A Deep Dive Into Sign Language Interpreters in Hip-Hop and How It All Works
Throughout the past decade, sign language interpretation has infiltrated hip-hop in a major way. Talented masters of American Sign Language have transformed their abilities to interpret rappers' lyrics visually into a form of performance art in its own right. These interpreters provide their services to music lovers within the Deaf and Hard of Hearing community.
Beyond simply using American Sign Language (ASL) to enhance the concert-going experience for Deaf and Hard of Hearing hip-hop heads across the globe, skillful interpreters have evolved their craft into a show-stealing art form that often leaves even the rappers themselves awestruck.
Matthew Maxey, the founder of Deafintely Dope, an organization dedicated to linking hip-hop and the Deaf and Hard of Hearing community together, showcased his skills as an ASL interpreter at a 2 Chainz show in Washington, D.C. last month. The moment took a turn for the hilarious much to the pleasure of both the massive crowd on hand and the Atlanta spitter himself. A now-viral video clip finds 2 Chainz comically throwing up an NSFW prayer on behalf of all in attendance in between songs while Maxey provides a visual representation of Tity Boi's words onstage.
"I pray everyone get some head before I go to sleep at night," 2 Chainz said as the charismatic ASL maestro moves his hands around his pelvic region with his tongue out.
Just last week, Method Man found himself completely enamored with ASL interpreter Holly Maniatty's flawless interpretation of Wu-Tang Clan's "Can It Be All So Simple" while the legendary rap crew performed their 1993 track live on stage at New Orleans Jazz Festival.
Interestingly enough, in the case of the comedic 2 Chainz performance, Matthew Maxey is actually deaf himself. Maxey spoke with XXL to provide great insight into the world of ASL interpretation for rap music and what it means for those who are able to be part of the culture in more ways than ever. He's been lauded for his work interpreting lyrics at shows with Chance The Rapper, Jadakiss and more. Maxey was born with severe hearing loss, a trait that he says is very rare in his field as "very few [deaf people] are up for the challenge." Despite that, he hopes to bring more deaf interpreters into the fold that can "fit the vibe" in hip-hop.
Once Matthew Maxey was fitted with hearing aids at 2 years old, the Decatur, Ga. native developed a strong love for music. After learning American Sign Language while attending Gallaudet University in Washington, D.C., as a young adult, he found his calling.
"During my time at Gallaudet University in D.C., I wasn't really a fan of the traditional ASL culture," Maxey says of his inspiration to bring hip-hop and sign language together as one. "As I learned more vocabulary words in sign language while being exposed to the deaf culture, I found myself enjoying the process of applying those vocabulary words to some of my favorite songs. The more I would try to combine sign language that I learned from the Deaf community and music, the more I learned about the world of ASL interpreting and how hip-hop was one of the most criminally underrepresented aspects of that field."
Maxey became determined to bring his two worlds together and become a hip-hop ambassador for the Deaf and Hard of Hearing community. After gaining momentum by signing the lyrics to hip-hop songs on YouTube back in the early 2010s, which garnered support from artists like Mac Miller and Big K.R.I.T., Maxey developed a combination of "cultural fluency" and "vibe that fits the music," which he considers to be the most important skill set needed to be a successful ASL interpreter in the rap game.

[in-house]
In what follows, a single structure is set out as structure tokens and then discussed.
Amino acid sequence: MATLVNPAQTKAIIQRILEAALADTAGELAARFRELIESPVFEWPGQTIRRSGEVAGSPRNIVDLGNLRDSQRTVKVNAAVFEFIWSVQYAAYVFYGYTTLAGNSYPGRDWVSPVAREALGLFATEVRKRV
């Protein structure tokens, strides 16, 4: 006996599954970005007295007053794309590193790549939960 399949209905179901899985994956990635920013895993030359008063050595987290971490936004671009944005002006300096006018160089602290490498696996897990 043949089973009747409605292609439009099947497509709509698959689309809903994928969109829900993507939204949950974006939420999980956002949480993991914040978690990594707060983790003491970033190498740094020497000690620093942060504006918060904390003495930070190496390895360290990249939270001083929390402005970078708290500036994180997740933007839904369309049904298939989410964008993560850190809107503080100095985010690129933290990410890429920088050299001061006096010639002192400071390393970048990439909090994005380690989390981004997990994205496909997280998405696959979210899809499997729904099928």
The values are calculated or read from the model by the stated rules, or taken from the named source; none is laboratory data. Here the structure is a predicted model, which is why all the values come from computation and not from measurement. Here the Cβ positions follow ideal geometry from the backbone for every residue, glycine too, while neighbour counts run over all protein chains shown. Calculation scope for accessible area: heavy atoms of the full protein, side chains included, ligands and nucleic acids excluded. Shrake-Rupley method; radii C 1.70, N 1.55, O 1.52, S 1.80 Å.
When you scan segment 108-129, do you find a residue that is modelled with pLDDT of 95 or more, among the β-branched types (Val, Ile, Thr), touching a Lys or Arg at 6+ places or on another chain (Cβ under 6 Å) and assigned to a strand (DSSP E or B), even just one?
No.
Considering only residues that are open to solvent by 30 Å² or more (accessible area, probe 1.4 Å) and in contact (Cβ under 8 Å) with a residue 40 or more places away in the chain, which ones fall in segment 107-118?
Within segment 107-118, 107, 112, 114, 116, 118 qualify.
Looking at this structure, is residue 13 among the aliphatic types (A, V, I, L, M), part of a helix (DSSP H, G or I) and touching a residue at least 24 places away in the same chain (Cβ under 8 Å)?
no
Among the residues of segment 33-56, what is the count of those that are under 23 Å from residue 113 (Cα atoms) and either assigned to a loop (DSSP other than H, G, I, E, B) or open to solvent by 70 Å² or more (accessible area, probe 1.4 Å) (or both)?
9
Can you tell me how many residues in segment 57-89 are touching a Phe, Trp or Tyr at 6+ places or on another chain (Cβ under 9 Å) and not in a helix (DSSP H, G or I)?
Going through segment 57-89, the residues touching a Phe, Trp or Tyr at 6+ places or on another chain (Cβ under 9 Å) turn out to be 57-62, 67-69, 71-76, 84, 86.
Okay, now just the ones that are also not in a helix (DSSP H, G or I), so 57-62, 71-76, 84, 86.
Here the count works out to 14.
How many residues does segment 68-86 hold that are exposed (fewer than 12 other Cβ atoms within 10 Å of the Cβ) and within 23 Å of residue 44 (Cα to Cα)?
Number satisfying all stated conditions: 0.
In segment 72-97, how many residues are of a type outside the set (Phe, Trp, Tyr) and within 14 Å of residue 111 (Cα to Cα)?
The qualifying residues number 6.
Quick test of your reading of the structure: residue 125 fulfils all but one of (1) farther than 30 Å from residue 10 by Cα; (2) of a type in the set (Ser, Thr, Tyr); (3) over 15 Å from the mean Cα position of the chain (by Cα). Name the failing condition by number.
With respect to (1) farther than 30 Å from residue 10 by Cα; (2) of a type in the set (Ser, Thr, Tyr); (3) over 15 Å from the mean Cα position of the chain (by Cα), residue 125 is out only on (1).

In 2014, Maxey combined his unique circumstances and undeniable passion for hip-hop into an opportunity to become one of the most renowned live ASL interpreters in the game in the form of his organization, Deafintely Dope.
"The Deaf community has always been about, 'Hey, we want to be a part of you [hip-hop]. We just don't know how to communicate with you," Matthew Maxey said in a 2018 interview with ABC13 Houston when explaining Deafinitely Dope's mission. "I feel like there's more to life. I feel like there's more of a purpose. And then I realized, with me kind of going in between two worlds, with the Deaf and the hearing worlds, I have more flexibility than the norm. What can I do with it? What can I create with it?"
Equipped with everything he needed to achieve his life goal of providing accessibility to rap music for the Deaf community and at the same time providing an accurate representation of hip-hop culture, Maxey landed his first gig interpreting for a hip-hop show in 2017. He was launched right into the spotlight.
Maxey's inaugural performance at the Bonnaroo Music and Arts Festival found the Georgia-born rap enthusiast signing lyrics for DRAM, Travis Scott, The Weeknd and Chance The Rapper, which led to the Grammy-winning Chicago rhymer inviting Maxey out on tour as his personal interpreter. While on the road with the Coloring Book MC in 2017, Maxey personally taught Chance how to sign his own lyrics to the song "Blessings," which Maxey considers to be one of his most crowning achievements.
One of the first ASL interpreters to bring hip-hop performances into the limelight is the aforementioned Holly Maniatty, who Matt Maxey says is actually the person who helped get him booked at his very first show in 2017.
Holly's first time taking the stage at a rap show was at the Bonnaroo Music and Arts Festival in 2009, for the Beastie Boys' final performance ever. The job required over 100 hours of research by Holly before the show even started, according to her interview with Slate in 2013. From there, Maniatty and her then-seemingly rare skill set went viral in 2013, for her enthusiastic sign language interpretations once again at Bonnaroo that year during performances for both Killer Mike and Wu-Tang Clan.
When Killer Mike spotted Holly doing her thing on the side of the stage at 2013's Bonnaroo, the Run The Jewels MC could not contain his excitement. The Atlanta-bred spitter famously put Maniatty's sign language skills to the test by challenging her to sign some of the most explicit curse words he could think of at the moment.